CPV Paramecium bursaria chlorella virus 1 (PBCV-1) reconstruction Shaded-surface view of a three-dimensional reconstruction viewed along a twofold axis.

From the World of Chlorella Viruses, the web site for the Jim Van Etten lab at the University of Nebraska-Lincoln.

CPV Paramecium bursaria chlorella virus 1 (PBCV-1) reconstruction Shaded-surface view of a three-dimensional reconstruction viewed along a threefold axis.

From the World of Chlorella Viruses, the web site for the Jim Van Etten lab at the University of Nebraska-Lincoln.

CPV Paramecium bursaria chlorella virus 1 (PBCV-1) reconstruction Five trisymmetrons (highlighted in blue) surrounding a single pentasymmetron (highlighted in yellow). A pentavalent capsomer (uncolored) lies at the center of each pentasymmetron. Eleven capsomers form the edge of each trisymmetron (black dots).

Photograph kindly provided by Tim Baker, Purdue University.

From the World of Chlorella Viruses, the web site for the Jim Van Etten lab at the University of Nebraska-Lincoln.

CPV Infection of Chlorella strain NC64A by PBCV-1. (A) Viral particle in close proximity to the alga.
(B and C) Attachment of PBCV-1 to the algal wall and digestion of the wall at the point of attechment.
(D) Viral DNA beginning to enter the host.
(E) An empty viral capsid remaining on the surface of the host.
(F) PBCV-1 attachment and dissolution of a Chlorella cell wall fragment.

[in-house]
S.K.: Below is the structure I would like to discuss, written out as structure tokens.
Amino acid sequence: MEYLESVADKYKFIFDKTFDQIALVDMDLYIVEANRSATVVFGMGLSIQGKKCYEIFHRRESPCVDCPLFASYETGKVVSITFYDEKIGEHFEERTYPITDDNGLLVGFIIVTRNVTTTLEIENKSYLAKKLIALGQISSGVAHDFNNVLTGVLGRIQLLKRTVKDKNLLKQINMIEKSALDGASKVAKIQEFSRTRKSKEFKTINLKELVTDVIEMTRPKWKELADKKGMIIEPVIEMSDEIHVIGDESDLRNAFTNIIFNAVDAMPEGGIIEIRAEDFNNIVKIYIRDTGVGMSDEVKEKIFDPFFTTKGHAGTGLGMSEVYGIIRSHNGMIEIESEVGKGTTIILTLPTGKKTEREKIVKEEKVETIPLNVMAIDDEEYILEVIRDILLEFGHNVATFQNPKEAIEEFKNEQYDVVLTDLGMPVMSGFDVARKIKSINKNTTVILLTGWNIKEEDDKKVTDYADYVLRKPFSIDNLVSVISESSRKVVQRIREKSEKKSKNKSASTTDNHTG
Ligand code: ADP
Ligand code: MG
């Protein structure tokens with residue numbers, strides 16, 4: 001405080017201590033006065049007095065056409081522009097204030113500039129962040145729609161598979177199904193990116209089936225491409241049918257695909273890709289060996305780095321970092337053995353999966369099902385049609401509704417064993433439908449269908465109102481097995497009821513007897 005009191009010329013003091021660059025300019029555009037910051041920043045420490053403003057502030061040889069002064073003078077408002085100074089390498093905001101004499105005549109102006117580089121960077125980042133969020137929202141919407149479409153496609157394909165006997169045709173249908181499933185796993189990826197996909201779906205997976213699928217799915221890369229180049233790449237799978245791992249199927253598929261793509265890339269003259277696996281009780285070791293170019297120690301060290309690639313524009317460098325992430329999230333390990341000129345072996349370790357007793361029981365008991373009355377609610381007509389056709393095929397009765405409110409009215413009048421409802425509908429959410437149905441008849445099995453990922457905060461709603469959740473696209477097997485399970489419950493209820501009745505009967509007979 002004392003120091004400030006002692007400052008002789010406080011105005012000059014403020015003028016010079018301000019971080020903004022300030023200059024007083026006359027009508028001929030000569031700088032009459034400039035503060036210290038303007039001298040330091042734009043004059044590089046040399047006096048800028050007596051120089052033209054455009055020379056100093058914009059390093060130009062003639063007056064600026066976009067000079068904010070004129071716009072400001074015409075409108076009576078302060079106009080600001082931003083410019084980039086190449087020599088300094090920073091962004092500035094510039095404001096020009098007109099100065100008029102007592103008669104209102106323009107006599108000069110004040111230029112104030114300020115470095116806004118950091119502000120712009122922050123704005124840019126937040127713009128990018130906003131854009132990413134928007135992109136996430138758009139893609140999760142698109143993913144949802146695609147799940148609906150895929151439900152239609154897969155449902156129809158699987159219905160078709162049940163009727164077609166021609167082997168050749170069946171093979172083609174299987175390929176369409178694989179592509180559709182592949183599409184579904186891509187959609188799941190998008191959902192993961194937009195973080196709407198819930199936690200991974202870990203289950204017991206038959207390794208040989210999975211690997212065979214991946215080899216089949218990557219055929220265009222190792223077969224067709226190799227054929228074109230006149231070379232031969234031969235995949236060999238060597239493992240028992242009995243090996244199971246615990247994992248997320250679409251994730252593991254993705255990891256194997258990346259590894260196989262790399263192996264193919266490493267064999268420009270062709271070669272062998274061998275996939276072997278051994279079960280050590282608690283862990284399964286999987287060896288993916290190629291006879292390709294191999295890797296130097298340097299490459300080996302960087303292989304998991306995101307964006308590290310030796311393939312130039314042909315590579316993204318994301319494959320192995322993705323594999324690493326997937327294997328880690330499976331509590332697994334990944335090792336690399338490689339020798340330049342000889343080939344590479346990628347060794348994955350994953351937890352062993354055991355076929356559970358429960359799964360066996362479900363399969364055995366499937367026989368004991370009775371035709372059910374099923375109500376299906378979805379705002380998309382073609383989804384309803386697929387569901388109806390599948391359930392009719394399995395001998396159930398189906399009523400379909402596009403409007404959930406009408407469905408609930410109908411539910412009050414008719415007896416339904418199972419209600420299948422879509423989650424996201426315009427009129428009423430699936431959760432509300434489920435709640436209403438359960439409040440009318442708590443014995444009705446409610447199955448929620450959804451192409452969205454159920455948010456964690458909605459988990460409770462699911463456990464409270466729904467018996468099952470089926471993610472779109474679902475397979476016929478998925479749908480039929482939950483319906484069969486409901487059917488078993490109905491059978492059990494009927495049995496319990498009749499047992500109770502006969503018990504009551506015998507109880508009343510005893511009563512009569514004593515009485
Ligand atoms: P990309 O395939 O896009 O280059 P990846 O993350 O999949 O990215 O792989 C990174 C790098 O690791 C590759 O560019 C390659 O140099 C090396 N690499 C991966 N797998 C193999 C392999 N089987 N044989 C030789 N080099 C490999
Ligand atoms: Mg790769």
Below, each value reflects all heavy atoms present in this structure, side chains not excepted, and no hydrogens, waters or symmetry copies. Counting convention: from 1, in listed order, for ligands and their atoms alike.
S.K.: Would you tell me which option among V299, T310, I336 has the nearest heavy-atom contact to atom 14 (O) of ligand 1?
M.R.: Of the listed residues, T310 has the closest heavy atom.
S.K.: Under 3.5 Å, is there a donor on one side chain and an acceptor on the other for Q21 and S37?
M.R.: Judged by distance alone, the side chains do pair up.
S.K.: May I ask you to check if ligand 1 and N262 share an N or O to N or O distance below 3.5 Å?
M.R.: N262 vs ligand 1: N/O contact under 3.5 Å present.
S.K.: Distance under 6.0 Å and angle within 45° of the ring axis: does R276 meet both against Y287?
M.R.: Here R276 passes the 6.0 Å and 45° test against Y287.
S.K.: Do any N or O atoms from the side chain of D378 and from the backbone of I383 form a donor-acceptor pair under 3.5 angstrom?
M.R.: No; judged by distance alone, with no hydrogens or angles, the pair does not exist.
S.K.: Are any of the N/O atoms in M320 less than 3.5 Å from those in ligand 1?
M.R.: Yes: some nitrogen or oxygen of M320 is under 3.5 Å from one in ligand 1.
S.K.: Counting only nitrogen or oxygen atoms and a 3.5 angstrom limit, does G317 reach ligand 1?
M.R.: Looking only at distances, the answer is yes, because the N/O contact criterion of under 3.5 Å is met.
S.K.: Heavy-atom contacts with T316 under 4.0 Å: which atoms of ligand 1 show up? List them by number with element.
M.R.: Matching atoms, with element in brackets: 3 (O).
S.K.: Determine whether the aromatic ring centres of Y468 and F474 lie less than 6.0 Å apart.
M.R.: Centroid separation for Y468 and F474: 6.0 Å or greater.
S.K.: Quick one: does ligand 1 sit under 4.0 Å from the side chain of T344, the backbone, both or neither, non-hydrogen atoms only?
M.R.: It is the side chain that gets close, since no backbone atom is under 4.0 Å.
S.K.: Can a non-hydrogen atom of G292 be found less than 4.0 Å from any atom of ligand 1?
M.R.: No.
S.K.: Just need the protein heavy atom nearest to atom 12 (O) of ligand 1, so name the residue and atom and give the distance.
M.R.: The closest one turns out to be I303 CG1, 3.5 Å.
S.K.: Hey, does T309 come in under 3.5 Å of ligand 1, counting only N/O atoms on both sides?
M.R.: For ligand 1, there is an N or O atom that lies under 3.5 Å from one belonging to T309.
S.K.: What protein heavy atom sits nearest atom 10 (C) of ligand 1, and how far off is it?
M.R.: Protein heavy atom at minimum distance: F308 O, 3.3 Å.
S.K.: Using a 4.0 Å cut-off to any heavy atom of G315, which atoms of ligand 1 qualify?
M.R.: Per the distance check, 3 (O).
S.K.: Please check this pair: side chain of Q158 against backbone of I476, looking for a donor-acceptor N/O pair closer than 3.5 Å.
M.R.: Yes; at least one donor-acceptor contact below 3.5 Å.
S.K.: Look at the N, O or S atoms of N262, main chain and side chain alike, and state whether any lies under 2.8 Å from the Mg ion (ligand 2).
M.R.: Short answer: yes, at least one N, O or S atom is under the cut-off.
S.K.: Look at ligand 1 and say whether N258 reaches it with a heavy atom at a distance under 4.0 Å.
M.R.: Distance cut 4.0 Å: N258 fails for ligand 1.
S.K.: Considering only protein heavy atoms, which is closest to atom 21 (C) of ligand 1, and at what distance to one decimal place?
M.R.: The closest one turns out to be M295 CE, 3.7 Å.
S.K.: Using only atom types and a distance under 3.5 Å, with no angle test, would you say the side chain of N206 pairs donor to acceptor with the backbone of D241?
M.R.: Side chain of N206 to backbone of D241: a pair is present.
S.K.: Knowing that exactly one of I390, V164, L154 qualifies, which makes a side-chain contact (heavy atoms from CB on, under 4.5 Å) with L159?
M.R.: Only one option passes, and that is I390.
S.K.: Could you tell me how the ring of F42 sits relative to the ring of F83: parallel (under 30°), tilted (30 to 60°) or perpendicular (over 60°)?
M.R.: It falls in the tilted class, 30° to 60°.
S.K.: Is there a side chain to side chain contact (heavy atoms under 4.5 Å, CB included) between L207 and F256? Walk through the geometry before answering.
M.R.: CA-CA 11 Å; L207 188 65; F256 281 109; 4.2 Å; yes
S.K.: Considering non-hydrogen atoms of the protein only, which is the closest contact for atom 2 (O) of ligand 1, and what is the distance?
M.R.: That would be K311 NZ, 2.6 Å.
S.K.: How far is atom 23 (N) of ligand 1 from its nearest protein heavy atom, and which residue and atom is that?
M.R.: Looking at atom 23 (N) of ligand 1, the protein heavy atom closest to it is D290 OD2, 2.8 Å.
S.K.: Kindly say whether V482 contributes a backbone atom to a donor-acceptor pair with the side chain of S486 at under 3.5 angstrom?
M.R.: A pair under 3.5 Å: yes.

Note that (i) viral attachment always occurs on the external side of the wall (i.e., the internal side of the wall curls inward) and (ii) DNA is not released from viral particles attached to wall fragments.

The size markers in panel E and F represent 100 nm and 200 nm, respectively.

From the World of Chlorella Viruses, the web site for the Jim Van Etten lab at the University of Nebraska-Lincoln.

CPV Paramecium bursaria chlorella virus 1 (PBCV-1) infecting an algal cell Electron micrograph of the algae isolated from H.viridis. After incubation of the algae at 20°C for 20 h. Note the bursting cell that sets the Virus particles free.

From the World of Chlorella Viruses, the web site for the Jim Van Etten lab at the University of Nebraska-Lincoln.

CPV Paramecium bursaria chlorella virus 1 (PBCV-1) at cell surface Low voltage, high resolution scanning electron micrographs of PBCV-1 attached to Chlorella NC64A. The bar is 400 nm.

(Photographs taken by Dr. Dennis Feely, University of Nebraska, Medical Center and Dr. Stan Erlandsen, University of Minnesota)

From the World of Chlorella Viruses, the web site for the Jim Van Etten lab at the University of Nebraska-Lincoln.

CPV
Paramecium bursaria chlorella virus 1 (PBCV-1) at cell surface Scanning electron micrograph of PBCV-1 particles attached to Chlorella strain NC64A.

Bar, 1 mm.

Photograph kindly provided by Kit Lee.

From the World of Chlorella Viruses, the web site for the Jim Van Etten lab at the University of Nebraska-Lincoln.

em_parvo
a phycodnavirus an example image from the ICTV, also originally from the From the World of Chlorella Viruses, the web site for the Jim Van Etten lab at the University of Nebraska-Lincoln. (very large image)